Mumbai: India’s top private sector refiner and petrochemicals company, Reliance Industries Ltd (RIL) is expected to report a 10.3% rise in quarterly earnings on Thursday, boosted by refining margins.
The company, India’s most valuable at $51 billion (Rs2.14 lakh crore) by market capitalization, should post a net profit of Rs2,760 crore in the fourth-quarter (Q4) ended 31 March, up from Rs2,502 crore a year earlier, a Reuters poll of 10 analysts showed.
Net sales are seen up 10.3% at Rs27,060 crore.
But RIL, India’s largest listed company, which gets more than 60% of its revenues from a single 660,000-barrels-per-day refinery, is likely to show limited earnings growth in the financial year that began on 1 April (2007-08), because refining margins have peaked, analysts said.
The firm’s January-March refining margins are expected at more than $11 a barrel, higher than the benchmark Asian Dubai crack margin, which averaged less than $7 in the quarter. The company said it earned $10.3 a barrel in the year-earlier period.
RIL enjoys better refining margins because its Jamnagar refinery in western India is designed to process cheap and high sulphur grades of crude oil into high-value products.
Refining margins hit $12.4 in April-June and had fallen to $9.1 in the following three months.
“We don’t see much growth in Reliance for the 2008 fiscal as refining margins may remain flat as we expect crude oil price to rise,” said an analyst with a local brokerage.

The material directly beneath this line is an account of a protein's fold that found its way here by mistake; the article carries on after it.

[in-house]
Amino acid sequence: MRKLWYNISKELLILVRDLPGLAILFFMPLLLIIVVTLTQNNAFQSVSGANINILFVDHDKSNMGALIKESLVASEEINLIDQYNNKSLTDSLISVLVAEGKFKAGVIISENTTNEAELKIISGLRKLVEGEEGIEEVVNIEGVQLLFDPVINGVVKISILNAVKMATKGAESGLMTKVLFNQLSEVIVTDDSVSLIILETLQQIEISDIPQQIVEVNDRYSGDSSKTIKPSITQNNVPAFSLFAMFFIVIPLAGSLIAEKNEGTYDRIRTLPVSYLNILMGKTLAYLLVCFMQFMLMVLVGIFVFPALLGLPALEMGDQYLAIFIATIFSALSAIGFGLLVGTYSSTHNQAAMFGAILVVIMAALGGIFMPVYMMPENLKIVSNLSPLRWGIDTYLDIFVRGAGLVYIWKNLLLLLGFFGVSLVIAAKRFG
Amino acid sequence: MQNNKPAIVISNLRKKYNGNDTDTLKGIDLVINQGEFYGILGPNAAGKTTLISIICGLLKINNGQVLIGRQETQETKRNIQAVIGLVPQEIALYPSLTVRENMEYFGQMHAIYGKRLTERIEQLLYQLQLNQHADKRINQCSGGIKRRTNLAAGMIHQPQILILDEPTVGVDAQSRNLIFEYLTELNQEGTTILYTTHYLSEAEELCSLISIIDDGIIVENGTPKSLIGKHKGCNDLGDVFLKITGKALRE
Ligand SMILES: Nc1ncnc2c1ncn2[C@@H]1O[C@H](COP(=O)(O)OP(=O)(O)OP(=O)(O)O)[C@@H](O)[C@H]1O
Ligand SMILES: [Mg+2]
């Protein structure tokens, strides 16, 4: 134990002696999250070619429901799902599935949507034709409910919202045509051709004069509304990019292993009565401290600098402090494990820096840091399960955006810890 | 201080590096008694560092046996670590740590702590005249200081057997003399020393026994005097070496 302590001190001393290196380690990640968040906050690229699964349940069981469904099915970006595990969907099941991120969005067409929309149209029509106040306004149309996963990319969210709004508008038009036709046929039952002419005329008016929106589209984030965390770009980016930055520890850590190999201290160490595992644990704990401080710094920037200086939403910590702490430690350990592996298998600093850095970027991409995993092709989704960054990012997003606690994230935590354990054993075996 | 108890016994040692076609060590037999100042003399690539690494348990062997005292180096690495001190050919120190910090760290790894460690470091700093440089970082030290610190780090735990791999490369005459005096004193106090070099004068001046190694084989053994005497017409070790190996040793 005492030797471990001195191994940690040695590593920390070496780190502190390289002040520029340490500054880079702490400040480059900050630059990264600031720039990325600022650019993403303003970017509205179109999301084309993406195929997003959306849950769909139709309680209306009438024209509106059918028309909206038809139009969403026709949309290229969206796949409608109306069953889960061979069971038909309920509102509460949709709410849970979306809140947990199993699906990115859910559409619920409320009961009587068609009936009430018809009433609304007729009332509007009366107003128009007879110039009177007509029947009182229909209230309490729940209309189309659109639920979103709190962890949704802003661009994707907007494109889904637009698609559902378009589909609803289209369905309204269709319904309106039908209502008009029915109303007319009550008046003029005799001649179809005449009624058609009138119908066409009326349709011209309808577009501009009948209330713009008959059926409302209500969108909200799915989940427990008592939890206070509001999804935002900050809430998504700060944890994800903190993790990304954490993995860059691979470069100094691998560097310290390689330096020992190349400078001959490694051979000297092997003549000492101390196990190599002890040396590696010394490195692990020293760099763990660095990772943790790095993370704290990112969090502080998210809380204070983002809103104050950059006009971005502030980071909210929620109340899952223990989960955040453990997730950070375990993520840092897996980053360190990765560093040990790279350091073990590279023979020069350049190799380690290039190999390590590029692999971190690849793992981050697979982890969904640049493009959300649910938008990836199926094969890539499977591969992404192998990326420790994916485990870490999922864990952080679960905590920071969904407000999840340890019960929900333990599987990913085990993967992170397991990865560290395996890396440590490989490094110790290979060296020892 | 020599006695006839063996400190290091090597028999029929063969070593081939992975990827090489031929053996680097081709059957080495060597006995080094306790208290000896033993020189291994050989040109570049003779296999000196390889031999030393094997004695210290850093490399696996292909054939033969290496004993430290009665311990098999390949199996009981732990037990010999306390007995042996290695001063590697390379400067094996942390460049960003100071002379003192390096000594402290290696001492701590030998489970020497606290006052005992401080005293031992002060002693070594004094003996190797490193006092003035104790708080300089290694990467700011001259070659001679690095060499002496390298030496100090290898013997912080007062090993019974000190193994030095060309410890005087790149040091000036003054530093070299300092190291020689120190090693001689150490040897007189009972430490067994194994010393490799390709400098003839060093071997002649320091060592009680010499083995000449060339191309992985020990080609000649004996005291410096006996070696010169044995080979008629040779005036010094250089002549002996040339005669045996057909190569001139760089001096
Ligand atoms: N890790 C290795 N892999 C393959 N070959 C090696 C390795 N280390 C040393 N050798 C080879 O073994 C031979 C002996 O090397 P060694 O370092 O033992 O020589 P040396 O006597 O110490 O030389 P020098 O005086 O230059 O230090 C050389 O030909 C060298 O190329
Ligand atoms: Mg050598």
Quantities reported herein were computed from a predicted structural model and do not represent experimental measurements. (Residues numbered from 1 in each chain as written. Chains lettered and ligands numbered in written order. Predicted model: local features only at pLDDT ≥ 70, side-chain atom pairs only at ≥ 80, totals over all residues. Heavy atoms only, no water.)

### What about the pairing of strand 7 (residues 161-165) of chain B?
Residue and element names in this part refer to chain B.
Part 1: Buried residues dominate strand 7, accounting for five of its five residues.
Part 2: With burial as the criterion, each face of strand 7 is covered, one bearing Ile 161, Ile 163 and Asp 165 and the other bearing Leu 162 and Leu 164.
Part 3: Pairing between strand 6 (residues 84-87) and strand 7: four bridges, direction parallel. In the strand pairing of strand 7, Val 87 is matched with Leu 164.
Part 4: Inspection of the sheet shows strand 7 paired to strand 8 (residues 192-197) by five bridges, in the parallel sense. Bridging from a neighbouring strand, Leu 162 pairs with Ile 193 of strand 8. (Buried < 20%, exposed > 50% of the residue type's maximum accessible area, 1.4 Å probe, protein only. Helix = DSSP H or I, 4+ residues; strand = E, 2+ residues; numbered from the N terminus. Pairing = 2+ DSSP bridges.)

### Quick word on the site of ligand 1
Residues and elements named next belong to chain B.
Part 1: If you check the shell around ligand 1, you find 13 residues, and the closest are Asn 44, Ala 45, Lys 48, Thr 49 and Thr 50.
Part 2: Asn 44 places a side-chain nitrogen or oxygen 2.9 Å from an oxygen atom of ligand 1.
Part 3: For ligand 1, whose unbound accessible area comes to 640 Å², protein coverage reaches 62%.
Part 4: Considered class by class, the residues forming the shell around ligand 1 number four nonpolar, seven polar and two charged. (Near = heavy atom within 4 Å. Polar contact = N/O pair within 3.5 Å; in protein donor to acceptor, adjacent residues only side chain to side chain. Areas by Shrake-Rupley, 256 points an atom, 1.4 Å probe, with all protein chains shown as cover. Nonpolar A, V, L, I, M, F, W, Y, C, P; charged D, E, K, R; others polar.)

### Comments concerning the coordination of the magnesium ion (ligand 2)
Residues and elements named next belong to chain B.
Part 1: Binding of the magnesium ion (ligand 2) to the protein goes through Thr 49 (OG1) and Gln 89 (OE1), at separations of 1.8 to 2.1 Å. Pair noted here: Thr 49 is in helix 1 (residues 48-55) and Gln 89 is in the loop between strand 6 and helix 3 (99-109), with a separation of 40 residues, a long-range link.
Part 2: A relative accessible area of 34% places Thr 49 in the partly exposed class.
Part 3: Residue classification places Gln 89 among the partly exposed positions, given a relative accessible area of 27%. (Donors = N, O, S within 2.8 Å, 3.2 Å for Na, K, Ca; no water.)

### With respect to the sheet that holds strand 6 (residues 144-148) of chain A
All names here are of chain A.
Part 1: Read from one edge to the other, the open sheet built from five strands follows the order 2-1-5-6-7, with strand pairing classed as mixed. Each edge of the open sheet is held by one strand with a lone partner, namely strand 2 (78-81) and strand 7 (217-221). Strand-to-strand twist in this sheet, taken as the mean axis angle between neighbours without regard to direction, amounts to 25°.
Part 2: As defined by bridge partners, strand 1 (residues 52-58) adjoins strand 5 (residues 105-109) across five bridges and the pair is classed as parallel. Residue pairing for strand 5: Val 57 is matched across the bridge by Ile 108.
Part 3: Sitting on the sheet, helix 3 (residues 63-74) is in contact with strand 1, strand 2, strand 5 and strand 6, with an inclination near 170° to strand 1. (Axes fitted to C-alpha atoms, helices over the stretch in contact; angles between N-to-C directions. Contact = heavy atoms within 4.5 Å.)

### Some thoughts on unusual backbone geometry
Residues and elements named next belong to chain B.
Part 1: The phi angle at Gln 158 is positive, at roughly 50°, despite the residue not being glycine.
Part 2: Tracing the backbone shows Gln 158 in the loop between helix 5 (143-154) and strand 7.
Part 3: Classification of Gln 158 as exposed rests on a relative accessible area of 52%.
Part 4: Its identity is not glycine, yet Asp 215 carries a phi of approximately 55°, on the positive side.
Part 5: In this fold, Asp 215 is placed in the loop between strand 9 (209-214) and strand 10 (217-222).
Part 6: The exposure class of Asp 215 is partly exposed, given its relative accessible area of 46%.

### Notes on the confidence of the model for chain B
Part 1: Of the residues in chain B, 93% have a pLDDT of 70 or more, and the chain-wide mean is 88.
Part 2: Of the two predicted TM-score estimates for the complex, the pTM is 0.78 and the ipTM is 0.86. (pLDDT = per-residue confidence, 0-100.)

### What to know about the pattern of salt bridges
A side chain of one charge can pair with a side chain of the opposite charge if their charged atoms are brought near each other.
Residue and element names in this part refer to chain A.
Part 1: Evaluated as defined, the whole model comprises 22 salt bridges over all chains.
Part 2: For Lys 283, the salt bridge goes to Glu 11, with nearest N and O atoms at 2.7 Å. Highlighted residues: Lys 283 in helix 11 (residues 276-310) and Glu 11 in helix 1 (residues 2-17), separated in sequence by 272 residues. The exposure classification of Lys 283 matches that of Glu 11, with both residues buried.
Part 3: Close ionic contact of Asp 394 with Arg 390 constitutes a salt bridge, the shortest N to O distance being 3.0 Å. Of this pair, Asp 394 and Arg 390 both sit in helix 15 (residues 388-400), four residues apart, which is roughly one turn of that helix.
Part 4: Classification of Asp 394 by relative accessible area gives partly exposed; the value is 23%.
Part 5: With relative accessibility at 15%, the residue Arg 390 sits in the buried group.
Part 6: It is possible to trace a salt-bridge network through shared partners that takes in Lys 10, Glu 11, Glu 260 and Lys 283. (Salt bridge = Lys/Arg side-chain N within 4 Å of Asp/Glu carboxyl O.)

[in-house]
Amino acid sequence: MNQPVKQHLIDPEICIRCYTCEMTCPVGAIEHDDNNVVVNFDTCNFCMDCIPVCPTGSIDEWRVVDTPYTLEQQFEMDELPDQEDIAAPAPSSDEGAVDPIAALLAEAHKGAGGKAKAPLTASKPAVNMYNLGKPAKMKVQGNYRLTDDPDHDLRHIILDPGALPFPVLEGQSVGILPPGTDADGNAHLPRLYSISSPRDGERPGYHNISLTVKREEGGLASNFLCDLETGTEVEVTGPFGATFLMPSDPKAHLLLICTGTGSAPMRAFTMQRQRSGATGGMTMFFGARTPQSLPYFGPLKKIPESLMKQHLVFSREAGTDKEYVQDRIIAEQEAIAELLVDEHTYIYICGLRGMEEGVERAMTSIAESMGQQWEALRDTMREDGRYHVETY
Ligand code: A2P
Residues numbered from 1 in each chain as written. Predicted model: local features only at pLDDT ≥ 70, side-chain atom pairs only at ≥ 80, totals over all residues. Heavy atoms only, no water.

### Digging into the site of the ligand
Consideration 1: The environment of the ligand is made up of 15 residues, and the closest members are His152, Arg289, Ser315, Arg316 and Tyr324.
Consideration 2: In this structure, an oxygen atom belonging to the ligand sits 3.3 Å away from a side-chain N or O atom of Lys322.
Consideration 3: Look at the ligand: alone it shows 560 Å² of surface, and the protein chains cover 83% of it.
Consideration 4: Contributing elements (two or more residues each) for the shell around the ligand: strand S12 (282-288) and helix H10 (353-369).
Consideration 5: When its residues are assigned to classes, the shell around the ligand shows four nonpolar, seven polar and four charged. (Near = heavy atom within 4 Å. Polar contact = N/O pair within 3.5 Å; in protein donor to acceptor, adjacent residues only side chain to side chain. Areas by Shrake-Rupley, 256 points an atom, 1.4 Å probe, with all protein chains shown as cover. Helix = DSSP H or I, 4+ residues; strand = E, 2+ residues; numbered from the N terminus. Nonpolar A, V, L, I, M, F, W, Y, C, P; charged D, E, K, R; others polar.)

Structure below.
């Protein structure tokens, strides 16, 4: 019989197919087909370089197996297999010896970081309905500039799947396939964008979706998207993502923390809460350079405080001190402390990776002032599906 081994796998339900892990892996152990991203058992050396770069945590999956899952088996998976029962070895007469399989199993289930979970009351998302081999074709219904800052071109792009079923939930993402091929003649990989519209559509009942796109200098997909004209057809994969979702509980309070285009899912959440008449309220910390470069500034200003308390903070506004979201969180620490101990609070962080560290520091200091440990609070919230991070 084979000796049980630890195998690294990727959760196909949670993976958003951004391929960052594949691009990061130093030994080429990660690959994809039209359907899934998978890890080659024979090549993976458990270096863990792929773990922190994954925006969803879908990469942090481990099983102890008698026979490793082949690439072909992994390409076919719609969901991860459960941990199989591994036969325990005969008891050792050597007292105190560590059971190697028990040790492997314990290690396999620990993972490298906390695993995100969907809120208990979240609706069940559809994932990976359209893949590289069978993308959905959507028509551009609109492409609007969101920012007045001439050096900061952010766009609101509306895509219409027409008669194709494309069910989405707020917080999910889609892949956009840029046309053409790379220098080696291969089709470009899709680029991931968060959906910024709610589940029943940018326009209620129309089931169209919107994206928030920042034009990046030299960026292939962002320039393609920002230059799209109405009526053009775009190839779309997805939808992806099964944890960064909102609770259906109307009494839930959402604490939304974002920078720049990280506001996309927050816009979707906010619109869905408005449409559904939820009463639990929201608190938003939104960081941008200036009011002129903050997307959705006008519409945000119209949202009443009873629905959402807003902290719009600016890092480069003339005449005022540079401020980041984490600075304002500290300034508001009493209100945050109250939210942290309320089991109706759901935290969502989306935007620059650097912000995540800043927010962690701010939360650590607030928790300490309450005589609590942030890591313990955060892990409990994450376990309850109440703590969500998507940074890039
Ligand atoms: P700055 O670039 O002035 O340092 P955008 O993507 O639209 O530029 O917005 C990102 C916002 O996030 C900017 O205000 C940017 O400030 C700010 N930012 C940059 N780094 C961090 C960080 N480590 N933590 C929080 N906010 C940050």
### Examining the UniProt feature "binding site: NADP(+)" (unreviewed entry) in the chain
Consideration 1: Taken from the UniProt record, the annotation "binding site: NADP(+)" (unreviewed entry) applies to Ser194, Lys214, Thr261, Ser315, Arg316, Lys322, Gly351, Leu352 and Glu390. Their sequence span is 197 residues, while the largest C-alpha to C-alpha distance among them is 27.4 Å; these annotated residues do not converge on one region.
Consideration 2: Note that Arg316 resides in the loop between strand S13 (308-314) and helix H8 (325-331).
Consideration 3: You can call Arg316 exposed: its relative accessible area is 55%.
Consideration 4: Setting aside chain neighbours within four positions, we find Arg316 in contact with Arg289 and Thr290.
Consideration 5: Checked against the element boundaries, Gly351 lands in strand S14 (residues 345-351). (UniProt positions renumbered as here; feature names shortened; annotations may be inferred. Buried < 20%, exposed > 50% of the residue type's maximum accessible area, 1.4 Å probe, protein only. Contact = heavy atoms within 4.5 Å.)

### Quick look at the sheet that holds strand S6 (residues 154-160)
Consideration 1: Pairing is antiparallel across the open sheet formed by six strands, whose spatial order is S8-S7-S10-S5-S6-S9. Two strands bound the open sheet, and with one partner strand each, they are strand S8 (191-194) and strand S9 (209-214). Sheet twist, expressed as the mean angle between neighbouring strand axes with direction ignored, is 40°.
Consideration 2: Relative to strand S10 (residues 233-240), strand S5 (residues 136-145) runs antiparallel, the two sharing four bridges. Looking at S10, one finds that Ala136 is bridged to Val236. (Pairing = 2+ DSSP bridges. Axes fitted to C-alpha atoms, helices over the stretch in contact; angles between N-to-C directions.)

RIL, also the world’s top maker of polyester and fibre yarn, may have had lower margins in its petrochemicals segment due to a drop in polyester margins, brokerage Motilal Oswal said in a research note.
The company derived 64% of its revenues from refining and 34% from petrochemicals in October-December.
Full-year earnings in 2006-07 are forecast to rise one-fifth to Rs10,880 crore, according to Reuters’ estimates. But earnings in 2007-08 are forecast only slightly higher at Rs10,960 crore.
The earnings will get a boost in 2008-09, when RIL starts selling natural gas from its two deep-sea fields in the Krishna-Godavari basin off Andhra Pradesh.
RIL aims to sign contracts by July this year to sell up to 80 million cubic metres of gas per day from mid-2008.
The company’s shares rose 7.7% in the March quarter, outperforming a 5.2% drop in the benchmark Bombay Stock Exchange index and a 4% rise in the sector index.
Last month, RIL said it would absorb its unit Indian Petrochemicals Corp. Ltd, which analysts said would help it capture about two-thirds of the country’s petrochemicals market.